Customer Reviews: Knight's Fee
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on March 11, 2000
Knight's Fee is one of the four or five books I've read in my life which alway make me cry. Though written for children, it's completely unpatronising, always crediting the reader with intelligence and imagination, and is beautifully written. It tells the story of Randal, a half-Saxon half-Breton lad in Norman England, an orphan left to fend for himself as a dog-boy in Arundel castle, and details his gradual rise to knighthood and freedom, at a terrible price. I have only ever seen this book in hardback, in an Oxford Childrens Library edition, never in paperback, which is a great pity, as it is a vastly underrated book by this author, far better I think than her more well-known stories of Roman Britain, and deserves to be much more widely read.
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on May 4, 2011
I only discovered Rosemary Sutcliff recently, but by the time I'd finished the second book, I was on a quest to find everything I could, and delighted to learn that she wrote more than 50 books. Knight's Fee is the eighth and my favorite to date. (Yes, even more than Eagle of the Ninth, which is waaaayyyy better than the recent movie.) Her settings are vivid, her characters superbly drawn, and her writing exquisite. Sutcliff tells a better story in 250 pages than most authors manage in twice the page count.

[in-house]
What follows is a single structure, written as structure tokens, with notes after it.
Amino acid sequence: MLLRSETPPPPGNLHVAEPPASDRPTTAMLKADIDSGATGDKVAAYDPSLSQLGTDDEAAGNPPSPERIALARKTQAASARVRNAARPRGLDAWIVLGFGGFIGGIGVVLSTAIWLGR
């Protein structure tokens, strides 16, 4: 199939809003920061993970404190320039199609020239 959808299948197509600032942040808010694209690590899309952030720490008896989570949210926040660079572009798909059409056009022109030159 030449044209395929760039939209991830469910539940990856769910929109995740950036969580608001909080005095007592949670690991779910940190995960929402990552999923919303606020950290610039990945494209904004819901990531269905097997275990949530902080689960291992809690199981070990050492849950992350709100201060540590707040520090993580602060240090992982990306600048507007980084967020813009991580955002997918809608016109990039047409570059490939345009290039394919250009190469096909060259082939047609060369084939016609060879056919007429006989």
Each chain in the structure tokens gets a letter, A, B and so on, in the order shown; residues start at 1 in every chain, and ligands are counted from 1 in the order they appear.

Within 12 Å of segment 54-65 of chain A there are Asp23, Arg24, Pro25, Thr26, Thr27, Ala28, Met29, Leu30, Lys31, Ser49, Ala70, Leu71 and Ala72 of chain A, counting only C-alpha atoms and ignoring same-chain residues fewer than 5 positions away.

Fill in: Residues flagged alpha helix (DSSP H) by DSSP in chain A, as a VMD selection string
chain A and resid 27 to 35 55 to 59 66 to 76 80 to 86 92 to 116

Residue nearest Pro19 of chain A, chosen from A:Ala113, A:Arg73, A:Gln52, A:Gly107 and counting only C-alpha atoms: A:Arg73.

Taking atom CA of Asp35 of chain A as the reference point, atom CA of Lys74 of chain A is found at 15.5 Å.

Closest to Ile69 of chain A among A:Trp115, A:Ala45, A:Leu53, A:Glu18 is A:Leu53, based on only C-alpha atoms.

Knight's Fee is set in southern England in the 1090s and early 1100s, as the kingdom is settling, still uneasily at points, into Norman rule. The real events and people of the time are skillfully woven throughout the fictional aspects of story. The main character is the orphan son of a minor Saxon lady and a Breton man-at-arms who is left to fend for himself as a dog-boy at the castle where his father had served. At age 10, he is taken into the household of a neighboring Norman knight to be a companion and squire to his grandson and sole surviving descendant. The reader watches him grow up and become entwined into the lives and lot of his foster brother and father. Ultimately, he becomes a knight, although at a terrible price. The ending is powerful enough, and so bittersweet, that it left me with a lump in my throat and a reluctance to pick up another book because it will be a disappointment after this one.
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on September 10, 2010